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IGCT

The Integrated Gate Commutated Thyristor (IGCT) is a new high-power semiconductor device. An IGCT is a
sub family of the GTO thyristor and like the GTO thyristor is a fully-controllable power switch.

[edit] Device Description


Circuit symbol for an IGCT

An IGCT is a special type of thyristor similar to a GTO. They can be turned on and off by a gate signal, have
lower conduction loss as compared to GTOs, and withstand higher rates of voltage rise (dv/dt), such that no
snubber is required for most applications.

The structure of an IGCT is very similar to a GTO thyristor. In an IGCT, the gate turn off current is greater than
the anode current. This results in a complete elimination of minority carrier injection from the lower PN junction
and faster turn off times. The main difference is a reduction in cell size, plus a much more substantial gate
connection with much lower inductance in the gate drive circuit and drive circuit connection. The very high gate
currents plus fast dI/dt rise of the gate current means that regular wires can not be used to connect the gate drive
to the IGCT. The drive circuit PCB is integrated into the package of the device. The drive circuit surrounds the
device and a large circular conductor attaching to the edge of the IGCT die is used. The large contact area and
short distance reduces both the inductance and resistance of the connection.

The IGCT's much faster turn-off times compared to GTO's allows them to operate at higher frequencies--up to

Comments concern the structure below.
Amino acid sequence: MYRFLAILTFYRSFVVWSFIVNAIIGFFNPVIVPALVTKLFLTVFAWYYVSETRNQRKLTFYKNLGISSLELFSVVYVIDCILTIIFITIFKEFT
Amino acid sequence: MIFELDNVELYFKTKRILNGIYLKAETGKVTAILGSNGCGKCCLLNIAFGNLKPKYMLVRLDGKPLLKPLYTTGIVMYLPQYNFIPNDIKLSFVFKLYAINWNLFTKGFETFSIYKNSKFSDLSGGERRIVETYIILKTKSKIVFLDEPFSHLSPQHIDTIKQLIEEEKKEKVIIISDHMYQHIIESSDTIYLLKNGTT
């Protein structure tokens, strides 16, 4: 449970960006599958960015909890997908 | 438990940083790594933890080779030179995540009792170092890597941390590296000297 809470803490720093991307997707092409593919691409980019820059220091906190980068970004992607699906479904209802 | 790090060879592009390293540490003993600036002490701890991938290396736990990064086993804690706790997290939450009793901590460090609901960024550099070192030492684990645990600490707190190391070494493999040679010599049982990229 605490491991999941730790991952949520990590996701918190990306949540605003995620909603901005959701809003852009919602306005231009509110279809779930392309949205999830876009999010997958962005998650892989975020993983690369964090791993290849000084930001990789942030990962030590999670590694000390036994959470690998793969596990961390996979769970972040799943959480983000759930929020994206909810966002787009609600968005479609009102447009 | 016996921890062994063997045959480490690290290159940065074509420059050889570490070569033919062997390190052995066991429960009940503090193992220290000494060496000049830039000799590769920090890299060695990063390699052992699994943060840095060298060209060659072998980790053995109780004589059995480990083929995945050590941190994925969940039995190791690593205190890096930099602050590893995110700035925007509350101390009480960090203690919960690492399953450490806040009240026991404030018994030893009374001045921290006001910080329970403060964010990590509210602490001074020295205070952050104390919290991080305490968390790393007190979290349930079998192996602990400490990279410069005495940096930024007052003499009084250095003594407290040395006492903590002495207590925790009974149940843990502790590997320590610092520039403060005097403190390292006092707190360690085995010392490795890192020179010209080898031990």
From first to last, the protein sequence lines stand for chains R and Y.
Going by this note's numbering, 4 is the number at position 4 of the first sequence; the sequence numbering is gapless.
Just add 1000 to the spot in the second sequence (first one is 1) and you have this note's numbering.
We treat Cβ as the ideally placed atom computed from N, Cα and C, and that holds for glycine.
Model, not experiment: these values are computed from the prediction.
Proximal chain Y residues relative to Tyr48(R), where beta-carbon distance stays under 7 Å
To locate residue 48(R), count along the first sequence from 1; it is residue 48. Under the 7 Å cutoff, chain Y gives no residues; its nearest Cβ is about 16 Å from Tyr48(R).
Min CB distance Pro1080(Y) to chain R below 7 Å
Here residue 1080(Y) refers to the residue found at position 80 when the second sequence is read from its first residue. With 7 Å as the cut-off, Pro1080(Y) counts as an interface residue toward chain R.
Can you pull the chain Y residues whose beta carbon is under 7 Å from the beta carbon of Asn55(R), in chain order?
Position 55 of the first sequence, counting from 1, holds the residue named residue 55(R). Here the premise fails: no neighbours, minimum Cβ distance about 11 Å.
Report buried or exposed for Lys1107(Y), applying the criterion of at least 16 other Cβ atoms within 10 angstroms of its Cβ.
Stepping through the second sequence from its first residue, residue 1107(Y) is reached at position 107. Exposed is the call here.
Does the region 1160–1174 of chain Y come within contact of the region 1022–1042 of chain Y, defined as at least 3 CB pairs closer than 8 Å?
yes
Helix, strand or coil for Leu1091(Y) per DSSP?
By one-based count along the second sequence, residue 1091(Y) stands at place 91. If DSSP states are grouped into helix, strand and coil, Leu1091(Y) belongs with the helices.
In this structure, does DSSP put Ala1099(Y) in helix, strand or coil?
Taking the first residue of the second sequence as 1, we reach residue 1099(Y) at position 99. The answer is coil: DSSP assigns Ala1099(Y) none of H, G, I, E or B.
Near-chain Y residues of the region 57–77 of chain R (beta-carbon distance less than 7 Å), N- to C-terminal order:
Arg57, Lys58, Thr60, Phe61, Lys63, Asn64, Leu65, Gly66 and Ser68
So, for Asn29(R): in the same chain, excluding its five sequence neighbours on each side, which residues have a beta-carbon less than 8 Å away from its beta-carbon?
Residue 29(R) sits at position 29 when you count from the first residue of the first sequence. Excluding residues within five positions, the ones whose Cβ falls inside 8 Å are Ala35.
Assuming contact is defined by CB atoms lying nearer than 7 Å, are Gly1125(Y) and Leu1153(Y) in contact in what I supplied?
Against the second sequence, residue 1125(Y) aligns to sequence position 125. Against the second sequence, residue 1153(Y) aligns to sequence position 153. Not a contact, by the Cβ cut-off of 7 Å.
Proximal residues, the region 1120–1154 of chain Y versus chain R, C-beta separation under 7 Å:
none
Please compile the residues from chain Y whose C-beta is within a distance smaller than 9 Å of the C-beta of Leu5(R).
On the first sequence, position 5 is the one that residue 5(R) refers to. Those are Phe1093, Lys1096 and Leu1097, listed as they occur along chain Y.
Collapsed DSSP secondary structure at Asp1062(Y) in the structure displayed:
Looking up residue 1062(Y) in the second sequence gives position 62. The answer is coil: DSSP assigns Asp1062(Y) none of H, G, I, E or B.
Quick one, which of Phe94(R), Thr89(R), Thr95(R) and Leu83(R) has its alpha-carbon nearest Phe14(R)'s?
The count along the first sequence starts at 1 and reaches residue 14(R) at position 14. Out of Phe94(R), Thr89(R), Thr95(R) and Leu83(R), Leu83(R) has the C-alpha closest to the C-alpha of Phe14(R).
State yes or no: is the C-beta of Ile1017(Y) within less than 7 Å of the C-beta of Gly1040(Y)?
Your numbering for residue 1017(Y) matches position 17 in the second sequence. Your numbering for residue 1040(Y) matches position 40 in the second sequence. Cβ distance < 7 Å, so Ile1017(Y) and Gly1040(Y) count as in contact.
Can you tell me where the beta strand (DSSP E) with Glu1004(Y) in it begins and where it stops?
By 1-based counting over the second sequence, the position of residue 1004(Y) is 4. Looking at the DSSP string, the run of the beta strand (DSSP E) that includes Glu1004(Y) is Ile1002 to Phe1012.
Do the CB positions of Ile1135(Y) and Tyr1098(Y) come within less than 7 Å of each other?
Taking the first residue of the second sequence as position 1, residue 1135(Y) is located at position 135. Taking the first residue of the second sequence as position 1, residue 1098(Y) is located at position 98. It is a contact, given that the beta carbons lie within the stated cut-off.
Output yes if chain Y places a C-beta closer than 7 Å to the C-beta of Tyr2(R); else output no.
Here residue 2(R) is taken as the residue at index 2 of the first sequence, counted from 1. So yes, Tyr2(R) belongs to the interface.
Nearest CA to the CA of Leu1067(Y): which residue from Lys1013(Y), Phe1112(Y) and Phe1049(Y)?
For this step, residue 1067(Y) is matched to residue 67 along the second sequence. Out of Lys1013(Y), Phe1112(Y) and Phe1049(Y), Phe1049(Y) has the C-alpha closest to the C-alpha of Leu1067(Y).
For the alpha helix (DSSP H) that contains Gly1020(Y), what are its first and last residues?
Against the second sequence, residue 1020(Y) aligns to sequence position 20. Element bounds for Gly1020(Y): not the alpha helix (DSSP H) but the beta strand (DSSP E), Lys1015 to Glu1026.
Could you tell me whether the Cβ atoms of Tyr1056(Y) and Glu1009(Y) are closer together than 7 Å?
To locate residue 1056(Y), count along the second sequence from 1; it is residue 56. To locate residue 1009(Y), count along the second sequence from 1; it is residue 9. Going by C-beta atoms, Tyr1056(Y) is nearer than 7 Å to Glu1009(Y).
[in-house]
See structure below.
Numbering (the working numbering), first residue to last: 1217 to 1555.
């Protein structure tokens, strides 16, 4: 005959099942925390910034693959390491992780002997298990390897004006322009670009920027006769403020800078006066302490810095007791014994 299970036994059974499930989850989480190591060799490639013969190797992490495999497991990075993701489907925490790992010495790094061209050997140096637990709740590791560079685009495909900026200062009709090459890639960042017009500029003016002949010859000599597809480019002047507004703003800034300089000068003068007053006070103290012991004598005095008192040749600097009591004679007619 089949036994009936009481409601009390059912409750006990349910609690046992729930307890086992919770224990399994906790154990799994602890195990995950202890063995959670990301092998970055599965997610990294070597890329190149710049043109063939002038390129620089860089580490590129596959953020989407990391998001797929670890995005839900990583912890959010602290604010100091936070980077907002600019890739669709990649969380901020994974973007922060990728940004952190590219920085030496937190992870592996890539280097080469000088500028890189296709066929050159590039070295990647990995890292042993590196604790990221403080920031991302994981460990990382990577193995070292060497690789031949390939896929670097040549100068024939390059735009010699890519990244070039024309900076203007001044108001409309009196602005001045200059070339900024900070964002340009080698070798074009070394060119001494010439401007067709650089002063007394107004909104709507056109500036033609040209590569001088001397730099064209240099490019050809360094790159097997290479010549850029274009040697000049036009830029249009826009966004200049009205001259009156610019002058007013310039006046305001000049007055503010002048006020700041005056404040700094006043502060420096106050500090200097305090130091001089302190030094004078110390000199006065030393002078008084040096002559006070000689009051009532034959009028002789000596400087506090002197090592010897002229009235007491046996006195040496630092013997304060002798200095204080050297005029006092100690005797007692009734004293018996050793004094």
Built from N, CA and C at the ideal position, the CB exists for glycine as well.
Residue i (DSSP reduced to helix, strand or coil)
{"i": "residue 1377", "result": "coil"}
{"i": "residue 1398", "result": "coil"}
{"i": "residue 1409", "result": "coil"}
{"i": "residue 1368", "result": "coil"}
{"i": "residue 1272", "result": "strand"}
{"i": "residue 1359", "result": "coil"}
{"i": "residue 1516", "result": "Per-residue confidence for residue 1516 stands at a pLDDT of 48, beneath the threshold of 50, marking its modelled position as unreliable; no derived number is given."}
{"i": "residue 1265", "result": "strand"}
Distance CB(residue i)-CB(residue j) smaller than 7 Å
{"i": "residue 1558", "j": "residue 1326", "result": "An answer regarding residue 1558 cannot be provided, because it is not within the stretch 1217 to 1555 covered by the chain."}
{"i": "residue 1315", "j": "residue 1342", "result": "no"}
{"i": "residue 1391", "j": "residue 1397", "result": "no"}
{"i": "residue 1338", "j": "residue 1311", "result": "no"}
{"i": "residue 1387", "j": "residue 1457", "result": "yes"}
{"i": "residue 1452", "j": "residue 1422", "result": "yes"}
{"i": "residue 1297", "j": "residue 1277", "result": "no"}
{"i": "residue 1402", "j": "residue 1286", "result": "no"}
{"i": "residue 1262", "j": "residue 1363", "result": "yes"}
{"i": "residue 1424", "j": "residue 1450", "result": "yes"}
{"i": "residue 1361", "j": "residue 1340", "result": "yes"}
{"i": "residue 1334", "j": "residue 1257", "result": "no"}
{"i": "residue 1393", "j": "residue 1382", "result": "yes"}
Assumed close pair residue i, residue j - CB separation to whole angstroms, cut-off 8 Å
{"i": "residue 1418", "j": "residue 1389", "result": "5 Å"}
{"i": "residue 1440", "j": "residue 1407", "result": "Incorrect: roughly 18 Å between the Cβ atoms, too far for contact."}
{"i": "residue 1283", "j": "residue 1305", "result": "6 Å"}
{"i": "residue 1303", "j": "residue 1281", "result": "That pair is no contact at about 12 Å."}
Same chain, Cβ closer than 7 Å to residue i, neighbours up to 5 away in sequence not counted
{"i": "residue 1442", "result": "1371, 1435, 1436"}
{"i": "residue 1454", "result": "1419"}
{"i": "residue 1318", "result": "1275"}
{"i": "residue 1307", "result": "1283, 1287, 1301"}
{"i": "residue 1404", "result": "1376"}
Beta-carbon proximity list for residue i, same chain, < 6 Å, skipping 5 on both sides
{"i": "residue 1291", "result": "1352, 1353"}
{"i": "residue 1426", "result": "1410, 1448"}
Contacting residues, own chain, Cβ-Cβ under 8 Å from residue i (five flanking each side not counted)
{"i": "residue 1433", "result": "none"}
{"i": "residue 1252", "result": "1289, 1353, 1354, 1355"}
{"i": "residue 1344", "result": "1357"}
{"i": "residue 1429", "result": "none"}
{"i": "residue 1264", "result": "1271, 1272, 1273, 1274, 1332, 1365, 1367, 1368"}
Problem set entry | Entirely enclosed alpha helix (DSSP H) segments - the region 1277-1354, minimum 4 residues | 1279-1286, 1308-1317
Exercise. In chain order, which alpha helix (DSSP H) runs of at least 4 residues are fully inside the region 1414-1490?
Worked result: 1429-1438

several of kHz for very short periods of time. However, because of high switching losses, typical operating
frequency up to 500 Hz.

[edit] Reverse Bias


IGCT are available with or without reverse blocking capability. Reverse blocking capability adds to the forward
voltage drop because of the need to have a long, low doped P1 region.

IGCT capable of blocking reverse voltage are known as symmetrical IGCT, abbreviated S-IGCT. Usually, the
reverse blocking voltage rating and forward blocking voltage rating are the same. The typical application for
symmetrical IGCT is in current source inverters.

IGCT incapable of blocking reverse voltage are known as asymmetrical IGCT, abbreviated A-IGCT. They
typically have a reverse breakdown rating in the 10's of volts. A-IGCT are used where either a reverse conducting
diode is applied in parallel (for example, in voltage source inverters) or where reverse voltage would never occur
(for example, in switching power supplies or DC traction choppers).

Asymmetrical IGCT can be fabricated with a reverse conducting diode in the same package. These are known as
RC-ICT, for reverse conducting IGCT.

[edit] Applications
The main applications are in variable frequency inverters, drives and traction.